The assumption has to be that the attack on the office of the magazine was a result of the magazine’s decision to print some cartoons that depicted Mohammed in a less than favourable light. You don’t have to like or agree with the cartoons, in the same way that I don’t have to like or agree with everything you say. I don’t believe any person can deny the right of an individual to hold and express an opinion. And individual freedoms are only going to be present and protected when the press is free to comment, report and criticise whoever and whatever it deems appropriate. There can be no sacred cows. The down side of freedom of the press is that we also have to extend that freedom to the Sun and the Star, but, to paraphrase from a Toby Ziegler speech in the West Wing, “That the Star can publish what it likes is the only way I know that the Times/Telegraph/Guardian can publish what it likes as well”. Freedom of the press mirrors personal freedom of expression, one will fall without the other and to suppress either results in restrictions that are unacceptable.
The side effect of a freedom of expression is that every one else also has the right to express the opinion. With the right comes the responsibility to accept that there are a myriad of views that can be expressed. I have no more right to suppress your opinion, should I disagree with it, than you have to suppress mine. What you say may well offend me, but I have no right to suppress what offends me simply because it offends me. With the right of freedom of expression comes a responsibility to accept that we can and will be offended. Get used to it, it’s part of being an adult in a functioning society. There is a famous misquote by Voltaire that sums this up.
“I disapprove of what you say, but I will defend to the death your right to say it.”
That is a summary of Voltaire’s views on freedom of expression, it’s not from Voltaire himself. What was actually written in Voltaire’s Essay on Tolerance was “Think for yourselves and let others enjoy the privilege to do so too”. But that lacks the panache, the hyperbole, the dramatic flourish of the misquote. I think that for most people within the Western world, that has become part of our expectation. It hasn’t always been the case, as this Viewpoint article from the BBC explains. We’ve come a long way in a few hundred years, but that’s not to say that the freedoms we currently enjoy are universally acknowledged, welcomed or even considered rights at all.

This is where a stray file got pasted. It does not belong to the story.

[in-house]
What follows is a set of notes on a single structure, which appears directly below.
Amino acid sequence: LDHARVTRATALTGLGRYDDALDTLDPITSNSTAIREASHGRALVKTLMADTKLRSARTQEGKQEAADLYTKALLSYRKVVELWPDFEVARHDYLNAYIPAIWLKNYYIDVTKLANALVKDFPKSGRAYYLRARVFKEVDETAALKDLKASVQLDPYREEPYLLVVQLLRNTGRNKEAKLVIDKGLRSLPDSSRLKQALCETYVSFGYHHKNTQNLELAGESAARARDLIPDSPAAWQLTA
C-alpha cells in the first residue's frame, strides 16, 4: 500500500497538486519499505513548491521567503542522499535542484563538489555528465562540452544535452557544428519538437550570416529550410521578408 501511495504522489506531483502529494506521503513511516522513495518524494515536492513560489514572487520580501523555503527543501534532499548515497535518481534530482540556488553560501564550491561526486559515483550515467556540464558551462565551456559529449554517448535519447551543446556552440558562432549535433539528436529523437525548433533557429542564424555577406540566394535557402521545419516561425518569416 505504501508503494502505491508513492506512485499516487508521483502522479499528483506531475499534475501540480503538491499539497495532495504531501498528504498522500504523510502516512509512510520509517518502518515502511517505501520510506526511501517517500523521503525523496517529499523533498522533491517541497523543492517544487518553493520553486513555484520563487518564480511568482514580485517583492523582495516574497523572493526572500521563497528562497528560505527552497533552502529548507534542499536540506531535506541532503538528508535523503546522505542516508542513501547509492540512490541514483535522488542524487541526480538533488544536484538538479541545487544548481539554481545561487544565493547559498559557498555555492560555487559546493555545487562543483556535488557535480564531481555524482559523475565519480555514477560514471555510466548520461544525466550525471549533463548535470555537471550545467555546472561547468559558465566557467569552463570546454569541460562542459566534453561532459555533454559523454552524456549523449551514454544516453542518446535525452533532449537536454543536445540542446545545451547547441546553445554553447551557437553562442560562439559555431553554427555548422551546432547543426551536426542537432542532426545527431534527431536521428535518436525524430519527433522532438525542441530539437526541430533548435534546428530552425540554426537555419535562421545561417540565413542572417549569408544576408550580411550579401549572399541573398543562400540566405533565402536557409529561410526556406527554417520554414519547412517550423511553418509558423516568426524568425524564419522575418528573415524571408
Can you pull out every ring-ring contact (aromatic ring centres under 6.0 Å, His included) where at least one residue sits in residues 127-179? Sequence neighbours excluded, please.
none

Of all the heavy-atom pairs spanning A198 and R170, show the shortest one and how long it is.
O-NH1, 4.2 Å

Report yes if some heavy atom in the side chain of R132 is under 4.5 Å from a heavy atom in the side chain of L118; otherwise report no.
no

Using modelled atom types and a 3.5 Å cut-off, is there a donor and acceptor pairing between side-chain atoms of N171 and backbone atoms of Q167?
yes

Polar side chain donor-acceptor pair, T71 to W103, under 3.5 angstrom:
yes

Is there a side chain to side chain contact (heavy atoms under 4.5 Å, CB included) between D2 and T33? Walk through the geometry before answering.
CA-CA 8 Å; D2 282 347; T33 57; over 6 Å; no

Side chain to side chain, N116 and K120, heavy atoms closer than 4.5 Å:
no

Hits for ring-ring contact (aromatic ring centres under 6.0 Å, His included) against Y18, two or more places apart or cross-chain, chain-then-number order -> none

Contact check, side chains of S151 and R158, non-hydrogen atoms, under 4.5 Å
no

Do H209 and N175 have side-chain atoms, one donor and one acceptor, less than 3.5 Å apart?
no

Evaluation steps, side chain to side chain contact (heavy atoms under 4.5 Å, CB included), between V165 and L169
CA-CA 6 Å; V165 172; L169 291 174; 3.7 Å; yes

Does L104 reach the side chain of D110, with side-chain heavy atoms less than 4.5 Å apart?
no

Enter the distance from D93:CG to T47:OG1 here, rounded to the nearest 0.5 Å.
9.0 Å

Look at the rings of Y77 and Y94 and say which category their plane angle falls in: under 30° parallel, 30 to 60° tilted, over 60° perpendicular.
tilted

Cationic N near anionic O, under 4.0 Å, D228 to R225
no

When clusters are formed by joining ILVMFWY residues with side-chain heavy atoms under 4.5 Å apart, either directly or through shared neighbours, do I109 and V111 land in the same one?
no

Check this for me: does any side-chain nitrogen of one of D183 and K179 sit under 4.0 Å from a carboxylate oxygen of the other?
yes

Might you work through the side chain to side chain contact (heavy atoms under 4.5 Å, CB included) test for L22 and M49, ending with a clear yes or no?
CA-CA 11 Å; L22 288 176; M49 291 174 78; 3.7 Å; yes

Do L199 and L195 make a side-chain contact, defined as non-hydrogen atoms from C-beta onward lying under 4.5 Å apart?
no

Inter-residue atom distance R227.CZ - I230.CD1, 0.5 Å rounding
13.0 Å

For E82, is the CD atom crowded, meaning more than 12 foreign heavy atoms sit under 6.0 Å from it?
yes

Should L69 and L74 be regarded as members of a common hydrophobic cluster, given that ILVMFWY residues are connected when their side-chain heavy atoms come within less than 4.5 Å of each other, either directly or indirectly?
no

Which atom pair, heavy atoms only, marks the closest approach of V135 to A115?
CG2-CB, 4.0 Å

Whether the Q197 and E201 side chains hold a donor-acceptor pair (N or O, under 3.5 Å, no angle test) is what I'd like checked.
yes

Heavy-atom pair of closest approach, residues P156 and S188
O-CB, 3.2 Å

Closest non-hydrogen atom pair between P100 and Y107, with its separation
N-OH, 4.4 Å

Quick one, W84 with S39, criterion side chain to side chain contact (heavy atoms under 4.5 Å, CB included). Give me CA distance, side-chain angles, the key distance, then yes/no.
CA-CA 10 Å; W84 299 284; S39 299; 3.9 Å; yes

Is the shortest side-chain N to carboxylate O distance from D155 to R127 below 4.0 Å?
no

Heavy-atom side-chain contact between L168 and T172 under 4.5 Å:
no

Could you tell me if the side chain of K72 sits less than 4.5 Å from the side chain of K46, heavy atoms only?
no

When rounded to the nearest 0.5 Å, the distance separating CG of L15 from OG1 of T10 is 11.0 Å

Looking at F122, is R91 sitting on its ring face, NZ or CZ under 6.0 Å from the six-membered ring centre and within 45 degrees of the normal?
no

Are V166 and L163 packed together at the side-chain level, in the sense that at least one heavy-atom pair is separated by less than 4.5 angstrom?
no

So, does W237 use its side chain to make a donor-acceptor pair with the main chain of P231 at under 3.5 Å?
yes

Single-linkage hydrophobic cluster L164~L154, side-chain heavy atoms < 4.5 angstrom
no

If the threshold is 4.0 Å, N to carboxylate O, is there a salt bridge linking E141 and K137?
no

What we are certainly not accustomed to is the idea that to express an opinion leads to physical consequences. That someone could take such offence that they would resort to violence is outside our realm of common experience. To hit out at a view in the heat of the moment is possibly more understandable than the concept that the terrorists concerned could plan and execute their act of revenge in response to the publication of something they found offensive. I’m sure lots of people may have found those publication offensive to various levels. Including the first person to be shot a policeman who was a muslim. Was he offended by the cartoons? Would he prefer they were not published? We’ll possibly not know, but he died doing his duty first and foremost. The appropriate response to something we disapprove of is not violence, it is to produce a rebuttal, to respond so as to show the thrust of the publication to be foolish. Gunning down 12 people and causing the deaths of 4 more is not an appropriate response. The pen is mightier than the sword, goes the saying.